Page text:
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Follow-up on SEC Guidance Regarding Broker-Dealers and Investment Advisors

On Behalf of | Jul 16, 2019 |

On June 5th, the SEC issued a four-part package of guidance with respect to the activities of broker-dealers and investment advisors. We prepared an Investment Management Law Alert focusing on one of those components, Regulation Best Interest (“Reg BI”). On July 12th, the SEC guidance was published in the Federal Register. Printing the June 5th release in the Federal Register does not change anything substantively, but it is worth commenting on some of the interim activities with respect to Reg BI.

First, although several commenters recommended that the SEC take the position in the final regulation that state regulation of the activity of broker-dealers would be preempted by Reg BI, the SEC declined to do so. Rather, in the preamble to Reg BI, it concluded instead that the preemption issue should be determined by the courts. While the permissibility of state regulation of the conduct of broker-dealers will be decided in the courts, and states are fully aware of these likely challenges, it is anticipated that the regulators in several states, who were awaiting the issuance of final regulations and are of the view that such regulations insufficiently protect investors, will issue guidance more protective of investors than the SEC regulations. Massachusetts has proposed such action. It will be interesting to see if such approaches will follow the example of New Jersey, and provide a carve-out for broker-dealers who are ERISA fiduciaries, or the example of Nevada, which provided no exclusion from coverage for broker-dealers who were ERISA fiduciaries.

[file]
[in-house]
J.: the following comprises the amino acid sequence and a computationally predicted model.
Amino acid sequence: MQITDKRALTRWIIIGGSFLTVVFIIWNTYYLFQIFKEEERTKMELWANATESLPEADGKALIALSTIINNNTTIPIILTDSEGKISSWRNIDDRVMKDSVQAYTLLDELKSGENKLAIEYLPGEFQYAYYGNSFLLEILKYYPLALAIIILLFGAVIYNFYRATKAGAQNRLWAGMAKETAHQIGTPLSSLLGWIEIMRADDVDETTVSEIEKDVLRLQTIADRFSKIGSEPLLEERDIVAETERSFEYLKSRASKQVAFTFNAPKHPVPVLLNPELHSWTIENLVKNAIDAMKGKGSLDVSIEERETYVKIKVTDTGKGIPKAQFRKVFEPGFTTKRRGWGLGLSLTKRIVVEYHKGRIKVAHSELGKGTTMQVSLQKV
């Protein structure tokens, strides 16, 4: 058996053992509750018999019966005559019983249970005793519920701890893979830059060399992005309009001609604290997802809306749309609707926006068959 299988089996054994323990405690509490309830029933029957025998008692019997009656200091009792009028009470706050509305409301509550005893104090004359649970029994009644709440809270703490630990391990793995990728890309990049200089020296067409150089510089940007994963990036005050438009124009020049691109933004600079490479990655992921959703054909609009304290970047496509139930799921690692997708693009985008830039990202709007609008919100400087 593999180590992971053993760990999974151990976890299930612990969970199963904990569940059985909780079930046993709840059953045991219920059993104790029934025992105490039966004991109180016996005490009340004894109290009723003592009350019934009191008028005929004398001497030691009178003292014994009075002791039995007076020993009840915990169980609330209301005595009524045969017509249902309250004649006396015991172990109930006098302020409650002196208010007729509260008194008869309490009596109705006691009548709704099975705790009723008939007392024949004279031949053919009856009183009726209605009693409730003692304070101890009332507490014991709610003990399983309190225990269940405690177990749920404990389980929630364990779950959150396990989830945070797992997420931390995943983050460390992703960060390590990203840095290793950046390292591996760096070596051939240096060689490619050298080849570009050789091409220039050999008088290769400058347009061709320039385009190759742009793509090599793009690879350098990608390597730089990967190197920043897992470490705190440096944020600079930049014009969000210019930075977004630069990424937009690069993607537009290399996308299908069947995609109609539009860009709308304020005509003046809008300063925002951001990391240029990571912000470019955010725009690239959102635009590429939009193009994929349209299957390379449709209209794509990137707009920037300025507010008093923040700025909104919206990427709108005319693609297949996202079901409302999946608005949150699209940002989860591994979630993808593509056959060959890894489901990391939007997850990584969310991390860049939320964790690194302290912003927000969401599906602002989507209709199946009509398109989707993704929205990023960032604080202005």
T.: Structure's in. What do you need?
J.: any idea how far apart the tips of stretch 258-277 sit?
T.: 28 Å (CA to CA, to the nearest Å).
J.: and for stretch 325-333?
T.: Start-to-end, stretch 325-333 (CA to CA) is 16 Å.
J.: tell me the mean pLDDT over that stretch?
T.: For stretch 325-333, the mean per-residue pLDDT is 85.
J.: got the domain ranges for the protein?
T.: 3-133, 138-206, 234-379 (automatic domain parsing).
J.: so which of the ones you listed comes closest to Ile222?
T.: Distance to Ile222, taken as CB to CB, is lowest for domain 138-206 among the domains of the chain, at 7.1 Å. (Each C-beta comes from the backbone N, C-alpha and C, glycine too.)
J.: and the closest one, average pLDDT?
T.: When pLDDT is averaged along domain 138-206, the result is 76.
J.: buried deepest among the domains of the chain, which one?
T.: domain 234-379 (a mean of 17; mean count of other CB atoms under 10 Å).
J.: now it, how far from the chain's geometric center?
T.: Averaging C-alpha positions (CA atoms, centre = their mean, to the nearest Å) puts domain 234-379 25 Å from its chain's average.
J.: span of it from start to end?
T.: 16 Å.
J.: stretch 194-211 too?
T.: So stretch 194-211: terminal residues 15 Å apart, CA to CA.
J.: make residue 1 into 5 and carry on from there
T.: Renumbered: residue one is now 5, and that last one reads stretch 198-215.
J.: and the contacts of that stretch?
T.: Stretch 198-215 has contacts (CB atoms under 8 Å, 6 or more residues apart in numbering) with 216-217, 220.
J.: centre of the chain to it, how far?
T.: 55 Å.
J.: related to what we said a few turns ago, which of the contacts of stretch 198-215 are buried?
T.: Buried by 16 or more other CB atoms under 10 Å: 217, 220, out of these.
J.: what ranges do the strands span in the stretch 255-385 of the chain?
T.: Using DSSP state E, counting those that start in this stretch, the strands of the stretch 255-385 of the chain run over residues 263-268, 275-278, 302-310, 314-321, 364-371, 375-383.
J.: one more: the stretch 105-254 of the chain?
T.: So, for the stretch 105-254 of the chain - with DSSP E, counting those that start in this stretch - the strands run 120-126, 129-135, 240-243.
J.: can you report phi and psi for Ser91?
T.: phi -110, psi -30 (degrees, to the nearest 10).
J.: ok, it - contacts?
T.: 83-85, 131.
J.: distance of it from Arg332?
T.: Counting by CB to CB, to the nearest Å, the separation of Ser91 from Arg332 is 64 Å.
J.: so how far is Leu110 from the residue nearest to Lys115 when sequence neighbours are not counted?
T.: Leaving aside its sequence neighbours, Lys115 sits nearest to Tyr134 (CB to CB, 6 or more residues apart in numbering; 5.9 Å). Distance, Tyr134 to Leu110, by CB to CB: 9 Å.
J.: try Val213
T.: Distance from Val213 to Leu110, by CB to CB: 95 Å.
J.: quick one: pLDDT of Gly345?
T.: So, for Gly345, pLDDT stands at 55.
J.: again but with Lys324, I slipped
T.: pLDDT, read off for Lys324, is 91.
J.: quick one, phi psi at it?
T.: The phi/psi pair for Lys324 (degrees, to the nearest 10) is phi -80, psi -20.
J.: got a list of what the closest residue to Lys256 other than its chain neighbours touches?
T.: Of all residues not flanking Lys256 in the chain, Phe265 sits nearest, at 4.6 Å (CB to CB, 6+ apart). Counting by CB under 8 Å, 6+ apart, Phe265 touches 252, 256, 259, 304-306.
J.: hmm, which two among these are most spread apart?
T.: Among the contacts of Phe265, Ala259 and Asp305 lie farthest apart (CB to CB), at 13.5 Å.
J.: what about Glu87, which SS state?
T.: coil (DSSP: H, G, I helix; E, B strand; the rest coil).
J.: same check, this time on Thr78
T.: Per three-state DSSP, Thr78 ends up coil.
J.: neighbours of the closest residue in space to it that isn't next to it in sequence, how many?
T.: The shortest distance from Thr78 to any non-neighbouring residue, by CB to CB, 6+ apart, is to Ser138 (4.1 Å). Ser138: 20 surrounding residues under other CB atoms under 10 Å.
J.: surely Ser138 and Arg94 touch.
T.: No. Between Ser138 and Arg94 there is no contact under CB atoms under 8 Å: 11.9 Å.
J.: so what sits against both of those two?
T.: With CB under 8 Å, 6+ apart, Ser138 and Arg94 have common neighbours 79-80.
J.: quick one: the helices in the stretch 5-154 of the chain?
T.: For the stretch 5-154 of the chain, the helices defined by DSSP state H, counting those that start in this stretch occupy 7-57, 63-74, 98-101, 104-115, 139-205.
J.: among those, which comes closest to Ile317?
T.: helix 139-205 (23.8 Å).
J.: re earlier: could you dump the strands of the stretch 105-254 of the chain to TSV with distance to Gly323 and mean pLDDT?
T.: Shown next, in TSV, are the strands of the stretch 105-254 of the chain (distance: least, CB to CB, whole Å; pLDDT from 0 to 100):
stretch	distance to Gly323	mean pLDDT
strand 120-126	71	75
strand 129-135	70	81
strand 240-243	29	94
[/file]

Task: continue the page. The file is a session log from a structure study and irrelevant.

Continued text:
Second, as seems to be the case with most controversial regulations, the likelihood is that there will be a legal challenge or challenges. The most likely challenges will come from those groups who believe that Reg BI does not sufficiently protect retail customers. Challenges could be based on the alleged insufficiency of the economic analysis of the SEC, or its failure to comply with the requirements of Dodd-Frank. A possible challenge could also come from investment advisors who believe that they should not be required to include in Form CRS a statement that both they and the broker-dealers are subject to the same “best interest” standard of conduct, a possible infringement of their First Amendment rights.

Third, FINRA has indicated that it will need to review and likely modify its guidance to broker-dealers. For example, Reg BI built upon FINRA’s suitability requirements, in some instances expanding on it, as with respect to Reg BI’s position on implicit holds, and FINRA has indicated that it will modify its rules to the extent that they have been mooted. However, even with respect to issues such as suitability, the FINRA rules will be retained for institutional customers, who were excluded from Reg BI.

Fourth, with the SEC guidance finalized, the focus switches again to the DOL, which has indicated that it intends to reissue regulations by year end, supplementing the SEC guidance, with regard to fiduciary investment advice. For example, because they are not retail customers, Reg BI does not apply to broker-dealer communications to plan sponsors and administrators of pension plans (other than a sole proprietor or self-employed individual receiving recommendations from a broker-dealer primarily for personal, family, or household purposes). An unanticipated element to the issuance of forthcoming DOL guidance was the resignation of Labor Secretary Acosta. On an interim basis, Assistant Secretary of Labor Patrick Pizzella will be the Secretary of Labor, and there is no indication that his views on the forthcoming fiduciary regulations differ from those of Acosta. Until a new Secretary of Labor is confirmed, progress on the regulation will presumably continue under the direction of Preston Rutledge, Assistant Secretary for the Employee Benefits Security Administration of the DOL. Further, the scope of the DOL proposed regulation may be limited to the extent that it wants to comply with the limitations set forth in the decision of the Fifth Circuit invalidating the DOL’s Fiduciary Regulation.